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Soil-A Non-Renewable Resource for food security and sustainability

Soil-A Non-Renewable Resource for food security and sustainability
Highlights

Soil is a finite resource, its loss and degradation is not recoverable within a human lifespan. As a core component of land resources, agricultural...

Soil is a finite resource, its loss and degradation is not recoverable within a human lifespan. As a core component of land resources, agricultural development and ecological sustainability, it is the basis for food, feed, fuel and fibre production and for many critical ecosystem services. It is therefore a highly valuable natural resource, yet it is often overlooked.

The natural area of productive soils is limited – it is under increasing pressure of intensification and competing uses for cropping, forestry, pasture / rangeland and urbanization, and to satisfy demands of the growing population for food and energy production and raw materials extraction. Soils need to be recognized and valued for their productive capacities as well as their contribution to food security and the maintenance of key ecosystem services.


Soil degradation is caused by unsustainable land uses and management practices, and climate extremes that result from various social, economic and governance drivers. Today, 33 percent of land is moderately to highly degraded due to the erosion, salinization, compaction, acidification and chemical pollution of soils. The current rate of soil degradation threatens the capacity of future generations to meet their most basic needs. Current demographic trends and projected growth in global population (to exceed 9 billion by 2050) are estimated to result in a 60 percent increase in demand for food, feed and fibre by 2050.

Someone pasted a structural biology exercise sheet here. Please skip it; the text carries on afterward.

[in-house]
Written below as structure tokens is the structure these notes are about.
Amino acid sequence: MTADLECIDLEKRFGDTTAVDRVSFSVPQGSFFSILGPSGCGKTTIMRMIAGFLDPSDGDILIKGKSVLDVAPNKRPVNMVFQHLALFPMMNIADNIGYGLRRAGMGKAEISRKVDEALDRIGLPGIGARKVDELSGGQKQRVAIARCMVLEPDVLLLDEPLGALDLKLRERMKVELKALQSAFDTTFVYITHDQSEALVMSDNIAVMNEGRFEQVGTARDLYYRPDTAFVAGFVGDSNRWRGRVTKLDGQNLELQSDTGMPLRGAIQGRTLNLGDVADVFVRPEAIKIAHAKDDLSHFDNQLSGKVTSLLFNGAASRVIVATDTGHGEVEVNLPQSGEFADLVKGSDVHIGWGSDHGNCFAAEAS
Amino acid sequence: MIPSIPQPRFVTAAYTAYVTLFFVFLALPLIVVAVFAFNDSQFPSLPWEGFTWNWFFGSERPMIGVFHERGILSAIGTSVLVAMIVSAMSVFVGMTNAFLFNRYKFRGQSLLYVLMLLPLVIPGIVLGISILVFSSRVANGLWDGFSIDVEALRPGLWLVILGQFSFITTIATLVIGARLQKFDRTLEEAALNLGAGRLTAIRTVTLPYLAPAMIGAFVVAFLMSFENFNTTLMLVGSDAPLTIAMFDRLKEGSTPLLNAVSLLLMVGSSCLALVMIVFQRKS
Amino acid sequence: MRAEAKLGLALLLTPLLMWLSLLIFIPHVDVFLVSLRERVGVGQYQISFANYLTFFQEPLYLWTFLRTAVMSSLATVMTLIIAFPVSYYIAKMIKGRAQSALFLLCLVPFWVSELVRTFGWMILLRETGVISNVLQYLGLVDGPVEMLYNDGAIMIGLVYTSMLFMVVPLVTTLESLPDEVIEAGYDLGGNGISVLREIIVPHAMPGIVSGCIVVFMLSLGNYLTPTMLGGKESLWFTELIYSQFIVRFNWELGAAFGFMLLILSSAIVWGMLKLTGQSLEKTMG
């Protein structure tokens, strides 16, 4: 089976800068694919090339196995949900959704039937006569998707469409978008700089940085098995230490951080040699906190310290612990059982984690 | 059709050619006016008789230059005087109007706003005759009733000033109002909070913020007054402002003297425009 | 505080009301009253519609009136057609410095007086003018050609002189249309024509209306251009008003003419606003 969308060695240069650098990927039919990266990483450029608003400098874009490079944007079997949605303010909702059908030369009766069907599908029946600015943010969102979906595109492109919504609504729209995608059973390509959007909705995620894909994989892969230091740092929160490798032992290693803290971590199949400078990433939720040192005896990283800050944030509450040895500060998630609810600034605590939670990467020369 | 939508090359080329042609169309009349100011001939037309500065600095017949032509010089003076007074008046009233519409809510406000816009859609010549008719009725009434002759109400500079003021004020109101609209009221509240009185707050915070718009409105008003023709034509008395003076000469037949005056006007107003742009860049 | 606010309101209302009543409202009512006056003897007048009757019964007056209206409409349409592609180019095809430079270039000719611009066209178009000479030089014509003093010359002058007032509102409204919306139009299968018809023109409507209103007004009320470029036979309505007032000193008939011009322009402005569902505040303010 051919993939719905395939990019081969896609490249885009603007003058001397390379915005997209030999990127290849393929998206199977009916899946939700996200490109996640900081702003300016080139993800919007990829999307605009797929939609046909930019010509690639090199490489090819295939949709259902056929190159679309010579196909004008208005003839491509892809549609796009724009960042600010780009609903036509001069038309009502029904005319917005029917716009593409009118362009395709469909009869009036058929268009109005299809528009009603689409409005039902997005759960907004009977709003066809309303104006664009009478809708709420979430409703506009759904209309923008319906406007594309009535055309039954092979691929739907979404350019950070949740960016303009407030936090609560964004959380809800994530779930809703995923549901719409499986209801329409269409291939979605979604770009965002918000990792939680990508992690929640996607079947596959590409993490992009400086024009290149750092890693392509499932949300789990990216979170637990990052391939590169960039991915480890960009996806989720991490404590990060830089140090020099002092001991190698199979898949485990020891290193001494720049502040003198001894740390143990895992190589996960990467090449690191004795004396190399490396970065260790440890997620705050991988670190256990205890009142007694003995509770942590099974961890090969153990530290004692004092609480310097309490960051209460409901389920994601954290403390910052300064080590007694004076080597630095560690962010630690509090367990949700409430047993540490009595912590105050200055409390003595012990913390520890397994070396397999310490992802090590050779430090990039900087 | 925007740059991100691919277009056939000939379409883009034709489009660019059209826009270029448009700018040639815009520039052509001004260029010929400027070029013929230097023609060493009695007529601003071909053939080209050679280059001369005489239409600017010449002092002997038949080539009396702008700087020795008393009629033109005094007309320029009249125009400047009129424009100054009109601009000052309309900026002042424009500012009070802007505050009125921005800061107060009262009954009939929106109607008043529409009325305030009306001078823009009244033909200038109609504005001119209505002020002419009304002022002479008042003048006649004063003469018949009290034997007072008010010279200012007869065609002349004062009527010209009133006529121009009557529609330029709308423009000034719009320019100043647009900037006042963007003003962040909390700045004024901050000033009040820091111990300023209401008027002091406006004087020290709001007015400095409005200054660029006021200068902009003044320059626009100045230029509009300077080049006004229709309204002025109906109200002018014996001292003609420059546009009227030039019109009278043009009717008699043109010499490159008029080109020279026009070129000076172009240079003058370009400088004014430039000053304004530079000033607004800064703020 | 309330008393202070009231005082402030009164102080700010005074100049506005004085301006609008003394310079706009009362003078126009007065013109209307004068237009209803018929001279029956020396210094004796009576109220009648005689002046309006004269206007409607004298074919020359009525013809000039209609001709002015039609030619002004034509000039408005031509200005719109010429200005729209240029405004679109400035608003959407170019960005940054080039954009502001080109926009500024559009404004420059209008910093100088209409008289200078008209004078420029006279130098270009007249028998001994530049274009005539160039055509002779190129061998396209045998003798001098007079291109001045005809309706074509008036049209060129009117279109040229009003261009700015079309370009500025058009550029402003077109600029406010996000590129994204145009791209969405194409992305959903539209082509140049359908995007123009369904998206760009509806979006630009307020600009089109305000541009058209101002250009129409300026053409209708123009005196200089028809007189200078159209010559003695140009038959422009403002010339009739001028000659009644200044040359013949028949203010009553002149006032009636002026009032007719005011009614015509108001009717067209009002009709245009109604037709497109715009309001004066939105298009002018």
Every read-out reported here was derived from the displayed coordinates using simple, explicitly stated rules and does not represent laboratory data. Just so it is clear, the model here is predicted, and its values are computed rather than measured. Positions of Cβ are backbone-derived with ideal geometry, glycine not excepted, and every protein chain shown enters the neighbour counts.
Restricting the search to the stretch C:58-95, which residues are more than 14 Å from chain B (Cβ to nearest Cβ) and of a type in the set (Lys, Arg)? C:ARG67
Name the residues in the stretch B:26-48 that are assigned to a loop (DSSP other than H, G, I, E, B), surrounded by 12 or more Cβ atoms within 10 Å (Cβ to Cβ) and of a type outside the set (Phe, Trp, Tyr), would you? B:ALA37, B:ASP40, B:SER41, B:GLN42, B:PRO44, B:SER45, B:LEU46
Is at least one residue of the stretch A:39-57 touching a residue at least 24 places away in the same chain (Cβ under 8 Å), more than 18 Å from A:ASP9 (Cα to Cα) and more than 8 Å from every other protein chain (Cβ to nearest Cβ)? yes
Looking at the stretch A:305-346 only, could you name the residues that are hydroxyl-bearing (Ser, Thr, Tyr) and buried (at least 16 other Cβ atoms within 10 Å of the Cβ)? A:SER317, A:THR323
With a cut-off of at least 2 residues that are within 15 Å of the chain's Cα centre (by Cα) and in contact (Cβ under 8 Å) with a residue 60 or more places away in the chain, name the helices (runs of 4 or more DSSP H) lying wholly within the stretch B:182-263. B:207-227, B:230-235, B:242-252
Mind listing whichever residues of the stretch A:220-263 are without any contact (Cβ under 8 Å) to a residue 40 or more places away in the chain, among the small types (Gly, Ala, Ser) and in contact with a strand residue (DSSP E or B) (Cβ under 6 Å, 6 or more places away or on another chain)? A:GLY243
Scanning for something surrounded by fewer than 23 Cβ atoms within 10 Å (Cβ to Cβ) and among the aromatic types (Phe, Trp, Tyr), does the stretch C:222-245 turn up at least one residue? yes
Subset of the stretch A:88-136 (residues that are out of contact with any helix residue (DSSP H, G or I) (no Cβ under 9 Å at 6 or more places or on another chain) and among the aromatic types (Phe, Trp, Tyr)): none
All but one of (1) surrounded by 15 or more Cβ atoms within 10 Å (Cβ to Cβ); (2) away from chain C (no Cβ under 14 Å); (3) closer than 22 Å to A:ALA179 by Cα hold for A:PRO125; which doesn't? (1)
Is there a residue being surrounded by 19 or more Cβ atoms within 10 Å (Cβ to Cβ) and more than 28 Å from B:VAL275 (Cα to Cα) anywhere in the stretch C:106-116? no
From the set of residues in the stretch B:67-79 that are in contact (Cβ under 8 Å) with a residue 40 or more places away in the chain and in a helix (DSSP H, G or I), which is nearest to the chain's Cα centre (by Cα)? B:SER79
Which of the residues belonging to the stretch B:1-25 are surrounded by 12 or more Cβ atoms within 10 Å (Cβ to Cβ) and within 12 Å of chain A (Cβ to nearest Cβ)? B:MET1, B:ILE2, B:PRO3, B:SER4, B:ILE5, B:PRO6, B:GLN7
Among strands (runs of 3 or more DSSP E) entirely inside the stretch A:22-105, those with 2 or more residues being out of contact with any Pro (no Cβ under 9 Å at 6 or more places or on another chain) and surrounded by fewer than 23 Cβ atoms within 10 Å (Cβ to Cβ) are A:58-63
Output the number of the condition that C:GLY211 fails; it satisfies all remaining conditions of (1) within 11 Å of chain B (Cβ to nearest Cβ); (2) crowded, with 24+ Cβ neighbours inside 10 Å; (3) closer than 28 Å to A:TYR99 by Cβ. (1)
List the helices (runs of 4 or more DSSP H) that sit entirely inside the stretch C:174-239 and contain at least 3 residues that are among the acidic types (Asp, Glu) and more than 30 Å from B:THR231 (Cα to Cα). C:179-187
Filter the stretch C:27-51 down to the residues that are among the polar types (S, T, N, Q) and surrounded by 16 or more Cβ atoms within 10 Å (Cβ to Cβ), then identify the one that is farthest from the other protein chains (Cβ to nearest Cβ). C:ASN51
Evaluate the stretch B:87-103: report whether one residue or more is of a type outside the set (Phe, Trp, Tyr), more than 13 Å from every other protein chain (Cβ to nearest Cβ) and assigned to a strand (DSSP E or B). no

There is little opportunity for expansion in the agricultural area, except in some parts of Africa and South America. Much of the additional available land is not suitable for agriculture, and the ecological, social and economic costs of bringing it into production will be very high. Sustainable management of the world’s agricultural soils and sustainable production have therefore become imperative for reversing the trend of soil degradation and ensuring current and future global food security.

By 2050, agricultural production must increase by 60 percent globally – and by almost 100 percent in developing countries – in order to meet food demand alone. About 33 percent of soil is moderately to highly degraded due to erosion, nutrient depletion, acidification, salinization, compaction and chemical pollution. A shortage of any one of the 15 nutrients required for plant growth can limit crop yield. In most developing countries, there is little room for expansion of arable land: virtually no spare land is available in South Asia and the Near East/North Africa. More efficient use of water, reduced use of pesticides and improvements in soil health can lead to average crop yield increases of 79 percent.


Soils are the foundation for food, fibre, fuel and medicinal products: